Wednesday, November 30, 2011

How far are you going to swim??

Earlier this year I began following Hillary Biscay's blog.  It's a good read and she always posts plenty of pictures (but it is BRIGHT pink which makes it very difficult to pretend to be working when you are caught goofing off).  It wasn't long after I started following that I read about Linsey Corbin's 10,000 yard birthday celebration swim.  My first thought was "that’s stupid." My second thought was "I want to do it!"

The past two weeks have been my offseason and they have been glorious. I have done nothing but eat and drink and sit on my butt. Instead of morning swims, I have been sleeping in. Instead of taking lunch runs, I have been taking lunch naps. Instead of afternoon workouts, I have been drinking and then passing out early. Like I said, it has been glorious. But it doesn’t take long for me to get bored of this type of activity, or non-activity. So I decided that the Saturday after Thanksgiving would be a perfect time to do my 100x100 swim and to kick off the 2012 training season all in one fell swoop.
I thought this would be a good opportunity for a group swim and tried to enlist some friends and the local tri-club. Come swim time, not one person showed up. So I was off for a solo swim!
Since the longest I have ever swum was 6,000 yards, I wanted to pace myself. My goal was to try to keep my splits consistent between 1:32 and 1:35. For the most part I stayed right on track. I grouped the 100’s into sets of 10 to help break things up. After each of the first 10 100’s, I took a 5 second break. After each of the second 10, I took a 10 second break, then back to 5, back to 10, and so on. After each 10 100’s I would take a two minute break to catch my breath and stretch out whatever was getting tight.
I thought since I had not swam anything at all in the last two weeks that it would probably take 1500-2000 yards to find my stroke again and really settle in. Well after 4000 yards, I still couldn’t remember how to swim. So I did 1000 with a pull buoy. Nope, still can’t swim. I was hitting my times for the most part, but man was it a struggle fest! So I did another 1000 focusing on my stroke. Nothing. Alright let’s do a 1000 kick. "I’ve swam 7000 yards now, surely I have to be making progress." Nope, still can’t swim. So after another 1000 working on my stroke I went back to the pull buoy. On the last length of this set, at yard 8,975, something clicked! "That’s what I have been doing wrong!" After seeing my times slip to 1:36, 1:37, 1:38 as I got more and more tired, I finally figured it out!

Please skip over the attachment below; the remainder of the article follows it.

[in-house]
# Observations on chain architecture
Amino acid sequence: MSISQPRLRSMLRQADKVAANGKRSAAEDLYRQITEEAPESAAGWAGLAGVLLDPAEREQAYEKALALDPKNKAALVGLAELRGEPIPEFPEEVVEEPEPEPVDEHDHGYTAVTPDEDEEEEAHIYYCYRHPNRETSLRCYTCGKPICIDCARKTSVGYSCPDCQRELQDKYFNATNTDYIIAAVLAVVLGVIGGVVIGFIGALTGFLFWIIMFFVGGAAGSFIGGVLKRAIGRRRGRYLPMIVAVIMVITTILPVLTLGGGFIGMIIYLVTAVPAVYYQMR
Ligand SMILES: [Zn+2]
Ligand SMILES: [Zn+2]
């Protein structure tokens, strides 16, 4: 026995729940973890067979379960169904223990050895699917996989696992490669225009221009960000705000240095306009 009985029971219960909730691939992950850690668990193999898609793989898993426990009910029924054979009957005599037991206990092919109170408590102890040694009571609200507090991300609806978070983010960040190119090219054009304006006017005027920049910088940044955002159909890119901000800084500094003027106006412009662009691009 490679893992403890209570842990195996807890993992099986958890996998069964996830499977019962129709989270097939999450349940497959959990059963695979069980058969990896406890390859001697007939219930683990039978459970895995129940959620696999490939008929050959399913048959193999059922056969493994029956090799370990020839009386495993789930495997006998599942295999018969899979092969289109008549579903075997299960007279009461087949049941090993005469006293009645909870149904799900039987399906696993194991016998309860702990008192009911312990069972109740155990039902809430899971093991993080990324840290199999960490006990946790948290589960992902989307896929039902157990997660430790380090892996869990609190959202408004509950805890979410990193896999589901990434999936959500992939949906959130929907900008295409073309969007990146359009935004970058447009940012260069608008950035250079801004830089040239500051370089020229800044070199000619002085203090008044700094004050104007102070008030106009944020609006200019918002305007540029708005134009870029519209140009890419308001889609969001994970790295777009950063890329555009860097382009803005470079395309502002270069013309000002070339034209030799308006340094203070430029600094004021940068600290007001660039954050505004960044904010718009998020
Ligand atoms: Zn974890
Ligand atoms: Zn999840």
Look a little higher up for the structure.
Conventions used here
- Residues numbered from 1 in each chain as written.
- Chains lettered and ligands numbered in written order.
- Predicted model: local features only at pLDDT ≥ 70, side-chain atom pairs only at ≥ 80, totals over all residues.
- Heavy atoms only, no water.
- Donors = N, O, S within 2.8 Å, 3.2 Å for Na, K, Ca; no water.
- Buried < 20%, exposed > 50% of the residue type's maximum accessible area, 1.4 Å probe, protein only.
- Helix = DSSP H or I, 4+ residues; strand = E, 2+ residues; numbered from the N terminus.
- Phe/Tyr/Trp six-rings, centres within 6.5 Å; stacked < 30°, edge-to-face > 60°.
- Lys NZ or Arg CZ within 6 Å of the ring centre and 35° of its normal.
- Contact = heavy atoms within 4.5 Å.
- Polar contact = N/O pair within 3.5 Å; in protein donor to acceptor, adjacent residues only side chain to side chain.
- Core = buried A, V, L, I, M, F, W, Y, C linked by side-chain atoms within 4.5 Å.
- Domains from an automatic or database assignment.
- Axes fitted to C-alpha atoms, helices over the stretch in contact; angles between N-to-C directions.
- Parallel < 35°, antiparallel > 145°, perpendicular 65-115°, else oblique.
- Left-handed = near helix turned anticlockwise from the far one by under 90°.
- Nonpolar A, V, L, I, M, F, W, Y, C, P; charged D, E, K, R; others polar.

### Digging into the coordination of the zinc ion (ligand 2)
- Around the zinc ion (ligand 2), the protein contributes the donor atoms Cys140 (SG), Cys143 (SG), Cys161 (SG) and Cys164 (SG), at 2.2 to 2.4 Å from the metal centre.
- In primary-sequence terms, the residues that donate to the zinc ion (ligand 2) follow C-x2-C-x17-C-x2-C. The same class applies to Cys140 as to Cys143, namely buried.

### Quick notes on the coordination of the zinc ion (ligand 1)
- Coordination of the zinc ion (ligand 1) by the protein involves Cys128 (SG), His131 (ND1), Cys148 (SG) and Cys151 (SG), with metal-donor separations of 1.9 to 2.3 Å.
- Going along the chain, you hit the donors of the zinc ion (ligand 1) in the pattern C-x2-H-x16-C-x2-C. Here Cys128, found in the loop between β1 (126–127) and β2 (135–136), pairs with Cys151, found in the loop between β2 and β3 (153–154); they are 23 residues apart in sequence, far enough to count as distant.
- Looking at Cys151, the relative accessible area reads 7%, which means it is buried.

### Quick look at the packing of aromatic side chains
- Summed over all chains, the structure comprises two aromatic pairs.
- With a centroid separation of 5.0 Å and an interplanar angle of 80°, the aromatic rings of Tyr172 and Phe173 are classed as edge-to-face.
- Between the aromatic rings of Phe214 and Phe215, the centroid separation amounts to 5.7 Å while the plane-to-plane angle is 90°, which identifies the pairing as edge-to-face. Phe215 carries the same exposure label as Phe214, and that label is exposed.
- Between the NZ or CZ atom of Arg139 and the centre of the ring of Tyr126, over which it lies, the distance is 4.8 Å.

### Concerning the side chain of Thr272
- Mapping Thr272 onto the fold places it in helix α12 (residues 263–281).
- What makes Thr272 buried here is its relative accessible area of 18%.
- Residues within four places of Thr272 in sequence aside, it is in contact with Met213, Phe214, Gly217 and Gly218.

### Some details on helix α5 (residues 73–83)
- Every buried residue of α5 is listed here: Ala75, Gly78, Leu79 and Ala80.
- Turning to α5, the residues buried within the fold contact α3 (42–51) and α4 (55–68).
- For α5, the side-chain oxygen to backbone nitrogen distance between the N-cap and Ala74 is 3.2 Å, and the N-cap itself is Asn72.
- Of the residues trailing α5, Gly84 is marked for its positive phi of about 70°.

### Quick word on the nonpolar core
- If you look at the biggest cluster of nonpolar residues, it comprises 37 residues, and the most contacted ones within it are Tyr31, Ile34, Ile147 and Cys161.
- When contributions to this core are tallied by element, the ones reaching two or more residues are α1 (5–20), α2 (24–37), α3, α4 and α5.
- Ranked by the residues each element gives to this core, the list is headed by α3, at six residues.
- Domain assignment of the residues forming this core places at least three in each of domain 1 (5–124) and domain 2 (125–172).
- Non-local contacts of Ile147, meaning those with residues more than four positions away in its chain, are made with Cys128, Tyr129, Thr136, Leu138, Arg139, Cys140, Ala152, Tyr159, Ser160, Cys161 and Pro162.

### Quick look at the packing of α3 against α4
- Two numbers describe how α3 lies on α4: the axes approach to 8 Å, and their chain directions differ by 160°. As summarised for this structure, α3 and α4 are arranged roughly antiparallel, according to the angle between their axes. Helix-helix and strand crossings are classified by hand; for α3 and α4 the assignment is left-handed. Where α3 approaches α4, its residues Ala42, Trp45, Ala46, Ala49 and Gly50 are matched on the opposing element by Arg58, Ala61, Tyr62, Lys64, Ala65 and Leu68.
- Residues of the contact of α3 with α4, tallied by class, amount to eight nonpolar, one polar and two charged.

I set to work on my last 10 100’s and busted out a 1:28. "That felt good, but take this one easy. You still have 900 to go." 1:28! "Slow down man." 1:28! "Same time?" 1:28! "Ok, screw it. Let’s go." 1:28, 1:29, 1:28, 1:24, 1:21, 1:17!

All in all my first 100x100 swim was a complete success, even if I was unable to lift my arms for the next 48 hours.

Tuesday, November 29, 2011

Miami Man Half Iron Race Report Part Deux!!

Ok, I know I'm late again.  If you haven't seen part 1, you can view it here, otherwise, here's part two of the report:

Race morning the alarm went off at 4:20. I ate my PB&J sandwich and drank a little mountain dew (the kind with real sugar!) and took a quick shower. We were checked out and in the car by 4:40! I love races with bike check in the day before, because race morning there is very little to do, just get my nutriton for the day set up, eat PB&J number 2 and stretch. Except even with the very little to do, I still forgot my endurolytes. So after a mad dash sprint back to the car, then back to the transition area, then to throw my wetsuit on and sprint to the start line, I was nice and warmed up and ready to go!

32:58 - 1:34/100yard - 6th in AG
This is the first time I have ever felt like I was racing in the water. I lined up with the front of our wave and when the gun went off I dove in and took off sprinting. I was determined to make it on the feet of someone fast when we made the first turn. Unfortunately, I still haven't figured out how to swim really hard AND swim straight. Instead I swim way to the left. So my little detour kept me from getting right on the feet I wanted to be on, but I still felt like I was in good position.  I managed to stay in a little pack for the first couple hundred yards but after rounding the 2nd turn buoy, there was nothing left of the pack.  So off on my own I went! 

This swim was in a spring fed lake, so it was crystal clear.  I could see the rock formations on the bottom of the lake nearly the entire swim.  This was a very nice change of pace from the nasty lake and bay swims I have grown acustomed to where you can't even see as far as your elbow when you are swimming.